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About tlevine

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  1. From the top. Jacynthe by Bill Sproul. Gold Award. Subchaser SC-1 Class by Samuel Parent. Silver Award. Washstrake Dingy by Steve Wheeler. Gold Award. Tails I Win by Greg Zurek. Gold Award. PT 187 by Bob Steinbrunn. Gold Award. Best Painting. Best in Show. Chibi Maru-Kongo by Joseph Simon. Hornet by Chuck Lewis. Silver Award. Vaux Junior and English Pinnace by John Pocius. Gold Awards. Atalanta by Toni Levine. Gold Award. Best Carving. Modeler's Choice. People's Choice. Sussex by Gus Augustin. Gold Award. Best Miniature. City of Pekin by Kurt Van Dahm. Gold Award. Boccho Snag Boat by Jim Heubener. Bronze Award. Bremmen Passenger Liner by Earl Krantz. Bronze Award. Syren by Paul Vidiani. Picket Boat by Paul Vidiani. Bronze Award. Battle Station by Dave "Doc" Blake. Silver Award. Miss Mary. Builder unknown.
  2. On Friday, three models of Burger boats were put on permanent display in the Museum. These were White Swan by Richard Young, Splash by Kurt Van Dahm and Lady Isabel by Steve Wheeler. The actual Lady Isabel is also part of the permanent collection.
  3. Thanks to Bob Filipowski for supplying me with pictures of the models at Manitowoc. The models included wooden navy, steel navy, work boats and pleasure boats. Unfortunately the weather did not allow setting up the RC ponds but these models are also represented in the photographs. I do have to add a little bit of self-promotion; Atalanta received a Gold Award as well as Modeler's Choice, People's Choice and Best Carvings. Enjoy!
  4. Your model is too good to put on a flat decoration instead of a quarter gallery. I compared the quarter gallery on Fly with Atalanta. The only differences are the details of the carvings and the angle of the center bank of windows. I assume you have TFFM Vol.2. Follow David's instructions and you should be fine. Also, take a look at Bill Maxwell's Fly on the Admiralty Models site. It gives a good perspective of the depth of the structure.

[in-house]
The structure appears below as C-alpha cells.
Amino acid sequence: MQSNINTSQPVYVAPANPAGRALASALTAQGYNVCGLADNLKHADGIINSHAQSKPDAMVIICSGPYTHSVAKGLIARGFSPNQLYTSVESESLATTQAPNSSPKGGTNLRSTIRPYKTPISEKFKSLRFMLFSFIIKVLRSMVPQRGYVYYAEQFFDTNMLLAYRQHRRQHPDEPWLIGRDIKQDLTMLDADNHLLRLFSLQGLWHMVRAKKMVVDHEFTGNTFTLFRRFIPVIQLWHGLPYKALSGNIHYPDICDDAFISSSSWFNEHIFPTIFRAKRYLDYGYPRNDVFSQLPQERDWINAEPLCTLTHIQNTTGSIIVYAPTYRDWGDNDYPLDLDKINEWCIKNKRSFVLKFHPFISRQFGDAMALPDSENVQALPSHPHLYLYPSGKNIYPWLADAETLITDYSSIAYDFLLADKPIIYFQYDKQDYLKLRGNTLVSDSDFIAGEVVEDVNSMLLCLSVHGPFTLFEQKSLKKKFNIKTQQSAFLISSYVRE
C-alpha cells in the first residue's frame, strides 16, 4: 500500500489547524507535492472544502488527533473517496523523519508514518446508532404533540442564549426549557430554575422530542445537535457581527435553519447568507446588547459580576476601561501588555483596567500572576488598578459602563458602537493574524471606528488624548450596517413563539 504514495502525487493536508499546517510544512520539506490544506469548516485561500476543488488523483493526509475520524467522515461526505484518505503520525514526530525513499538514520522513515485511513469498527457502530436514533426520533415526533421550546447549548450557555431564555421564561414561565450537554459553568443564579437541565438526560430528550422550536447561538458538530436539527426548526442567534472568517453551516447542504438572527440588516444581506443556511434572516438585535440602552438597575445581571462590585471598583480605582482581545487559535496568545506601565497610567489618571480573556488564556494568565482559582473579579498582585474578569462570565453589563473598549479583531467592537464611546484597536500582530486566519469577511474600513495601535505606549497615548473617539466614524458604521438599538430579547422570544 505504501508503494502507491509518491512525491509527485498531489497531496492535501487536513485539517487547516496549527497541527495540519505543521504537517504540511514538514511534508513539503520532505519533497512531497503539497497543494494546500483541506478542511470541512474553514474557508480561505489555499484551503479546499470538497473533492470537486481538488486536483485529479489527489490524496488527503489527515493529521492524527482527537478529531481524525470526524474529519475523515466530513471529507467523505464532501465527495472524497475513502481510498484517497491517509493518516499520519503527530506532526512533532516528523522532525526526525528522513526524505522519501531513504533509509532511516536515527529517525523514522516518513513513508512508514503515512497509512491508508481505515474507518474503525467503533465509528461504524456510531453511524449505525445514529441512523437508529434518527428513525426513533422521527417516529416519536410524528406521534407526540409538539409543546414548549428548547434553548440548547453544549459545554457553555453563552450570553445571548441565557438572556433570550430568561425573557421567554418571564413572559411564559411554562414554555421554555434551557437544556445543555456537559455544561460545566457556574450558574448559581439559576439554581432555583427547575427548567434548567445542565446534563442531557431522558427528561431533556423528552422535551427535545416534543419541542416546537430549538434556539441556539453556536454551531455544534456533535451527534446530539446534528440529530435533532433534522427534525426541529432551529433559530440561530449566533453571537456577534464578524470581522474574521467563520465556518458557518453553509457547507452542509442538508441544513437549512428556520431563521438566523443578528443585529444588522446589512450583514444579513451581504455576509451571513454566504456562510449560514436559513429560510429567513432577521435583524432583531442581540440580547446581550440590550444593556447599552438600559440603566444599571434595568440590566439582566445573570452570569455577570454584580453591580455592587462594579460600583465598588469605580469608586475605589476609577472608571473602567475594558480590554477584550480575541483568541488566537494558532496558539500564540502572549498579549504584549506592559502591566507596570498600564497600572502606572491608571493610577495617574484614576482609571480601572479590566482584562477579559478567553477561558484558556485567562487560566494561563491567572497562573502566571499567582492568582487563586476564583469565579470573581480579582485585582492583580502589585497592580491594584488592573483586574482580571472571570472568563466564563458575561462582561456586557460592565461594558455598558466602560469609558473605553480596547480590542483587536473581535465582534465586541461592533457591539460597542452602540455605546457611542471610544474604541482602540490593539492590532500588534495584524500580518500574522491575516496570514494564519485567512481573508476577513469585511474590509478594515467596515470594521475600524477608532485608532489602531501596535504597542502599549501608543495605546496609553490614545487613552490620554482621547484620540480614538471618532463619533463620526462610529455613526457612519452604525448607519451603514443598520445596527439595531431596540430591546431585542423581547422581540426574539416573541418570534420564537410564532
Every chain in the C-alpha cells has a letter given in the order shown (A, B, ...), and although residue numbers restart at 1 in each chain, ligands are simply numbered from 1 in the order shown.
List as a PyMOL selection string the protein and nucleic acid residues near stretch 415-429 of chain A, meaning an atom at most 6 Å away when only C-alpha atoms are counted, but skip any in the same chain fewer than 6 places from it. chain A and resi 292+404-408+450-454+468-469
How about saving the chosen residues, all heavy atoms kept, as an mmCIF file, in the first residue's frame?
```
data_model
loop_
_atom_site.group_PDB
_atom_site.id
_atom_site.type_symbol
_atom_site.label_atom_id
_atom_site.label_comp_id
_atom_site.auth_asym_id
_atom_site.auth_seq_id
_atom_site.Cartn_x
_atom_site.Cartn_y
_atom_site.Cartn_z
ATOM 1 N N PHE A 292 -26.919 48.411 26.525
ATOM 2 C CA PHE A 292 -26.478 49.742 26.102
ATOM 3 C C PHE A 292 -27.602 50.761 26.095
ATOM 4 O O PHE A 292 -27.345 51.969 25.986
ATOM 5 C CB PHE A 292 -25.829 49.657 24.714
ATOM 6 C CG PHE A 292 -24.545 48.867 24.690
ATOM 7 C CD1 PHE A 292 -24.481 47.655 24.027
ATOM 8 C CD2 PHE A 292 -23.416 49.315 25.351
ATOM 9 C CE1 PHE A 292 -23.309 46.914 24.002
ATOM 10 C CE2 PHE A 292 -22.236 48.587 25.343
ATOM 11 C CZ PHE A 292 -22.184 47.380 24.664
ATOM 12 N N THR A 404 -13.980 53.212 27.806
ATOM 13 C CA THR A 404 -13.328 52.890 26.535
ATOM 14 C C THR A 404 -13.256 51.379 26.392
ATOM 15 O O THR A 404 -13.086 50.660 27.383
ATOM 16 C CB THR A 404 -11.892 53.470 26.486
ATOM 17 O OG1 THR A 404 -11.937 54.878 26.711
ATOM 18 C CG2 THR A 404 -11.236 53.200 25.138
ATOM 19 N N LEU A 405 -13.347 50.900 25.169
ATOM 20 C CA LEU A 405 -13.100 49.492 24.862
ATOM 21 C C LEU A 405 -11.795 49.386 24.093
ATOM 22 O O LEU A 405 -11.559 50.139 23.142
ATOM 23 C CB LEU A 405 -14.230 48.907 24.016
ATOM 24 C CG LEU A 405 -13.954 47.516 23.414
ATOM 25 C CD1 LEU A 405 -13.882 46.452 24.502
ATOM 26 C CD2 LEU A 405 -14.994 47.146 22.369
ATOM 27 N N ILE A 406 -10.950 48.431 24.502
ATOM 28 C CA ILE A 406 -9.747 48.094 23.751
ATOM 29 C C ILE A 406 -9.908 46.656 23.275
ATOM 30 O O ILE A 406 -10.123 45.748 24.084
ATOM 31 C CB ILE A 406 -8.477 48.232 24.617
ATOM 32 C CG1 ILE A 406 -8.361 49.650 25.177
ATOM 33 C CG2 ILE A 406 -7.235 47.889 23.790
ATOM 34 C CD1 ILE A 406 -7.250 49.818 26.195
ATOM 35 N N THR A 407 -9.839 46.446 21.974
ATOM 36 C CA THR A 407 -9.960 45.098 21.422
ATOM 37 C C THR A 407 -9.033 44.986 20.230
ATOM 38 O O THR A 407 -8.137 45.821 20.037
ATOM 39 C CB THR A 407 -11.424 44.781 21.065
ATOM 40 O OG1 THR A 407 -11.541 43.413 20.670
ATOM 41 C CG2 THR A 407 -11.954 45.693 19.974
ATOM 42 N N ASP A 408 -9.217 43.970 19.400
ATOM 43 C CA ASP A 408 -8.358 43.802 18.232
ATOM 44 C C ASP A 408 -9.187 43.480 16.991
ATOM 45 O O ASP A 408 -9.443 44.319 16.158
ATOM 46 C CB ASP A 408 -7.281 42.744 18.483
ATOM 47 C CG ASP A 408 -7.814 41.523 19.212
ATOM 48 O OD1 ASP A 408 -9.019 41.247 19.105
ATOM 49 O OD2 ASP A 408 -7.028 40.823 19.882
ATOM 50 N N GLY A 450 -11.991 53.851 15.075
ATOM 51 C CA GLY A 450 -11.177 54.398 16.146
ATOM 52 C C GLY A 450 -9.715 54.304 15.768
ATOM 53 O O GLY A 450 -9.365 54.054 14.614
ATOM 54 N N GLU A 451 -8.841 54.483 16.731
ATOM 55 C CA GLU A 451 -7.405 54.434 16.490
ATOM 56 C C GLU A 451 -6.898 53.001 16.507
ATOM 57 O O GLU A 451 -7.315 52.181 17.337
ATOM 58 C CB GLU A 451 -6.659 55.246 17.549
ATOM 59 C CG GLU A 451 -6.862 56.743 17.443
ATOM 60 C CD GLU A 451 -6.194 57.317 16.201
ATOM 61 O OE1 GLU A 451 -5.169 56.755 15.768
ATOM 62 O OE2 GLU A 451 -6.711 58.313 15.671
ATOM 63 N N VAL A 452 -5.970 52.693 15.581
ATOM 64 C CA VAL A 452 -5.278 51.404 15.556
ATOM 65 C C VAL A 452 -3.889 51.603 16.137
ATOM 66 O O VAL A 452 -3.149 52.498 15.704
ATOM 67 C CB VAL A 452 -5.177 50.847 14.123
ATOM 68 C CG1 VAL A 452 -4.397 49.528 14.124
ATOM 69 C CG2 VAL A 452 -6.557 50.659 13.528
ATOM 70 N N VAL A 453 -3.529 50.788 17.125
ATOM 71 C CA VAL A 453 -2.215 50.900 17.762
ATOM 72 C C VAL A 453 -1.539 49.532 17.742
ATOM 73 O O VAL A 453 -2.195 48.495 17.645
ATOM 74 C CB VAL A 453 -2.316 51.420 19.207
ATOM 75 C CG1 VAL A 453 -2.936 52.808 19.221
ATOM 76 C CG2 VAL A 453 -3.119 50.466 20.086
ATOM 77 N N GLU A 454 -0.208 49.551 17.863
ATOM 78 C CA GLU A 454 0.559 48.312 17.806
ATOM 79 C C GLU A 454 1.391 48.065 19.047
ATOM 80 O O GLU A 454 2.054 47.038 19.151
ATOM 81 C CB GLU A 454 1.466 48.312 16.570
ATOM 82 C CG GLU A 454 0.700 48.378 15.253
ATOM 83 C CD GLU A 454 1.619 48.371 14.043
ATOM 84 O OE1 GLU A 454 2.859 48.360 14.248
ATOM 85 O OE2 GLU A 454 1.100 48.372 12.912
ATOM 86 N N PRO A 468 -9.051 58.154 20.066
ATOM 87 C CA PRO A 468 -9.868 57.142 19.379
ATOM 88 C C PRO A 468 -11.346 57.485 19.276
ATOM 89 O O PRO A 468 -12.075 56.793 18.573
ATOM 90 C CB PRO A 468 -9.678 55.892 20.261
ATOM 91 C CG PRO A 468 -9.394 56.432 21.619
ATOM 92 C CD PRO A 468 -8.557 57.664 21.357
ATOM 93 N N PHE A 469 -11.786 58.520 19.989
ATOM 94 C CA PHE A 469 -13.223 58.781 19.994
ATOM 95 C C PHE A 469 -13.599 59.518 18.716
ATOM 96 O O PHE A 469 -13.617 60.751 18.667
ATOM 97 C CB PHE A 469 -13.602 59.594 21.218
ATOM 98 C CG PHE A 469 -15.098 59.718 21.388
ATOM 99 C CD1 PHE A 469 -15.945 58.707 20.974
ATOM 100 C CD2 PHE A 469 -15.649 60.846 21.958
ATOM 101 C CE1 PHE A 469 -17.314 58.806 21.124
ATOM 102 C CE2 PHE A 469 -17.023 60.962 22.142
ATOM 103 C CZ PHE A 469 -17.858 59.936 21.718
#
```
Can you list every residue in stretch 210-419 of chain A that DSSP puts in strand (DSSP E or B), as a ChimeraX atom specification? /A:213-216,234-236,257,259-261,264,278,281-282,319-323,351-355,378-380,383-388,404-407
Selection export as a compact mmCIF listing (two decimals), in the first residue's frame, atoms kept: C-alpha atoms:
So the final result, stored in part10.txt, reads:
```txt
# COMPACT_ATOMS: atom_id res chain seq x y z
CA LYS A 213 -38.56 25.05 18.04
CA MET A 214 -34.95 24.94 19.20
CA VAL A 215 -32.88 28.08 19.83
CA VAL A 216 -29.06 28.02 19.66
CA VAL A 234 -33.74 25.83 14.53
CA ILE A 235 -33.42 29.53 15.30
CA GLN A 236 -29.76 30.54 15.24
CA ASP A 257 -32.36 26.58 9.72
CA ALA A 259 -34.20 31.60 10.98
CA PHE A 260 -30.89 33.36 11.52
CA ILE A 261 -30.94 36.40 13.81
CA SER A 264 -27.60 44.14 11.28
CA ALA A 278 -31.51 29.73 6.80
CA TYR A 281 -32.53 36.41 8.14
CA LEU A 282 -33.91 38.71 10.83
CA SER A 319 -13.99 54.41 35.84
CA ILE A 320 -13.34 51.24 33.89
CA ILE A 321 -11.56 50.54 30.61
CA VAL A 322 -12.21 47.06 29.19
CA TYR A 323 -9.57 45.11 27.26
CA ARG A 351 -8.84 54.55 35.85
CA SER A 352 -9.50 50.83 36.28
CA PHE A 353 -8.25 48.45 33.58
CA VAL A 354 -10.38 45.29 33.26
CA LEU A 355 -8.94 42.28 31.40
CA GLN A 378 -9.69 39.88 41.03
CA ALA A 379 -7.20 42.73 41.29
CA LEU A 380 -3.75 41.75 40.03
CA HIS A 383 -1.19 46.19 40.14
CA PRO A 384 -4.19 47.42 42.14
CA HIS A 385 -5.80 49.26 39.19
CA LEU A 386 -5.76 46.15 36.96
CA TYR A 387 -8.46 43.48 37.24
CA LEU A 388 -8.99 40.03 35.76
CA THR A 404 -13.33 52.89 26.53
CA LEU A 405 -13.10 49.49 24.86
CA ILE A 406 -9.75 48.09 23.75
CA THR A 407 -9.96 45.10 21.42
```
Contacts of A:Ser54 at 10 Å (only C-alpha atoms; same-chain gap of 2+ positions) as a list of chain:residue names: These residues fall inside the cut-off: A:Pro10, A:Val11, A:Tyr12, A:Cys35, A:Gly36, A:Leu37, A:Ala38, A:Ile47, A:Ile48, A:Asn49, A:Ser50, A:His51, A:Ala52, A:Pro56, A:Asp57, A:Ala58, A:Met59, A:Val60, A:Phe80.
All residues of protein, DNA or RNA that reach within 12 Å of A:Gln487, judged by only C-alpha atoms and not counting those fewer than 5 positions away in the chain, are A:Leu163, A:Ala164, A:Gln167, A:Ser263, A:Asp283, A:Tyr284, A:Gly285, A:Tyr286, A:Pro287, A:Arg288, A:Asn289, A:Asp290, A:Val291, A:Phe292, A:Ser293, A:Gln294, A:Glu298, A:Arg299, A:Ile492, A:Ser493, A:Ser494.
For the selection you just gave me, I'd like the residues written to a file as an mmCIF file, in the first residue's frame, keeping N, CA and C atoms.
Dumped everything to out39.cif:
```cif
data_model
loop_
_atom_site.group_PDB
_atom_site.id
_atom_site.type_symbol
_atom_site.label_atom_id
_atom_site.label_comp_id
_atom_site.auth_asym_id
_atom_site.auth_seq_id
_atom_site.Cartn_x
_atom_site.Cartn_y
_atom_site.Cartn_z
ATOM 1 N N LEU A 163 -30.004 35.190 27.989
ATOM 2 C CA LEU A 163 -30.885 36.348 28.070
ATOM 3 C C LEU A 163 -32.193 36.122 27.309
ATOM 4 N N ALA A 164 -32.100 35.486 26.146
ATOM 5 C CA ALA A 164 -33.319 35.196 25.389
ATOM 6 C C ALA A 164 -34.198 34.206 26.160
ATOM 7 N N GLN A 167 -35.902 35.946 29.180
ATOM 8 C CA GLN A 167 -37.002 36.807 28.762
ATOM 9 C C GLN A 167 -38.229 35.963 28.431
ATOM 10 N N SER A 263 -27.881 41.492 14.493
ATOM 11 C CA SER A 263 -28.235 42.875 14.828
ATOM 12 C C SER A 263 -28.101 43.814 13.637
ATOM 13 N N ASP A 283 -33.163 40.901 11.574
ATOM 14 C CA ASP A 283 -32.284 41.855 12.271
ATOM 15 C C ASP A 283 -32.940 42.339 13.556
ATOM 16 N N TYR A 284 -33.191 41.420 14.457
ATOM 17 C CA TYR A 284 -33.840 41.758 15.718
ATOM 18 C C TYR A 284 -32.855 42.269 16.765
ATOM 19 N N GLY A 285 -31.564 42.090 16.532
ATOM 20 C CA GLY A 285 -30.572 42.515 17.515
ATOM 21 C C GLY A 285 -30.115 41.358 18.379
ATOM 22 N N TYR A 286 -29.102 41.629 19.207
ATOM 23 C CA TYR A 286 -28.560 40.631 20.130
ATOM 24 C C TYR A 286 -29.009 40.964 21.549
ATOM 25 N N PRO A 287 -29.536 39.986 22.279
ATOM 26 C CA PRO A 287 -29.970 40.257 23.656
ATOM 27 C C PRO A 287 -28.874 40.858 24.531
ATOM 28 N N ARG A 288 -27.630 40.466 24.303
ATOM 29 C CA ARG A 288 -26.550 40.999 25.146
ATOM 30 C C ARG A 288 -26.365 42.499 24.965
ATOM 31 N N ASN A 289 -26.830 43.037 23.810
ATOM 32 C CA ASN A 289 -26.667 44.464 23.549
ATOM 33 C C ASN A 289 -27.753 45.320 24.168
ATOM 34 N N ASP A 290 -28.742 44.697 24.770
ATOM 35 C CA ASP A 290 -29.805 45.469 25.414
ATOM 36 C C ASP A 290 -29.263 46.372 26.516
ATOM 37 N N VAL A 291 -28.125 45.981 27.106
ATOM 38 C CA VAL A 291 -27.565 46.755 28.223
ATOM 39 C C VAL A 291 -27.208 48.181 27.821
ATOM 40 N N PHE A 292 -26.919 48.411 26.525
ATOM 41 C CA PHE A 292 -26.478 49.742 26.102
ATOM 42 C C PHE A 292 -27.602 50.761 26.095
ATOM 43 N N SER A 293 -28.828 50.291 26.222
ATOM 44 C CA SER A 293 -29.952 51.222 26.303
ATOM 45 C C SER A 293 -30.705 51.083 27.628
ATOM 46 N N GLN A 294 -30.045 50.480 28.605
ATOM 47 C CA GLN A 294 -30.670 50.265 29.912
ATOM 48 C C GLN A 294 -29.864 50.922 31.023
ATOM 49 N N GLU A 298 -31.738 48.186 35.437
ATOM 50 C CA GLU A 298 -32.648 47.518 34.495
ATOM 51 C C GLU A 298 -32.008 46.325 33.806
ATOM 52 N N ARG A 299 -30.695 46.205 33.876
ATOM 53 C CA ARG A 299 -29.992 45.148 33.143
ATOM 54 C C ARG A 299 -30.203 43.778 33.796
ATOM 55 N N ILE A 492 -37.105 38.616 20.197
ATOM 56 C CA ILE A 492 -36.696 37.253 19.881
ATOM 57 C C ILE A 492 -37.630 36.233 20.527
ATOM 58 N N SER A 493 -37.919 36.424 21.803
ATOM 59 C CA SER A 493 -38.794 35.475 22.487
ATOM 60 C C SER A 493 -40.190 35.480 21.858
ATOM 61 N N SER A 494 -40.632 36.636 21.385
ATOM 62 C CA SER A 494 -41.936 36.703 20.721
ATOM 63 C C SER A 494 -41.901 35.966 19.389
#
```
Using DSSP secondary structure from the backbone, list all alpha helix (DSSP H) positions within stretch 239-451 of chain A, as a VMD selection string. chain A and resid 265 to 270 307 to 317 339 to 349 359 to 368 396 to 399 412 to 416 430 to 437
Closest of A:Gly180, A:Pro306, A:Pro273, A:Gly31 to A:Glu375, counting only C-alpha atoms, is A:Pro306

5. It is that time of year to consider donating to MSW. What value to you place on your membership in MSW? How much do you learn from your fellow members to improve your model building? Do you enjoy the comradery of your fellow MSW members? Do you appreciate having a place to post your build logs and have others share the building experience with you? Please donate to MSW so the Guild can continue to bring you the best and largest home on the web for model ship builders. All the moderators volunteer their time but there are considerable expenses involved in maintaining the website. These expenses include web hosting costs, software updates and fixing the bugs associated with those updates. It is easy to do, simply click on the Support MSW area in the upper right hand corner. Or even better, consider becoming a full member of the NRG. For only $40 you can receive the digital version of the Nautical Research Journal four times a year and receive member discounts on Guild merchandise such as Shop Notes, CD's of back issues, plans and many more items. https://www.thenrg.org/join-the-nrg.php#!/The-Nautical-Research-Guild-U-S-Membership-Digital-Only/p/114915080/category=31040978 for US and https://www.thenrg.org/join-the-nrg.php#!/The-Nautical-Research-Guild-International-Membership-Digital-Only/p/115071401/category=31040980 for international memberships.
  6. Your best bet is to go to a place like FedEx that has large scale printers. Then be prepared to experiment with the enlargement ratio, obviously for a price. Enlarge all your plans on the same day, on the same copier for the most accurate results. If your enlargement is off by a bit, all of the plans will be off by the same percentage.
  7. Are you gluing this to deck beams or a sub-deck? For beams definitely go with PVA. I use Titebond II. For a sub-deck, consider using contact cement. It will handle the sheer and camber but once you put it on the sub-deck, there is no moving it around.
  8. Install the plywood subject first, build up the bulwark and then plank. You cannot get a tight fit against the bulwark any other way. (I assume with your kit there is no edge plank or waterway. It is also easier to bend the plywood to get it into the hull prior to planking.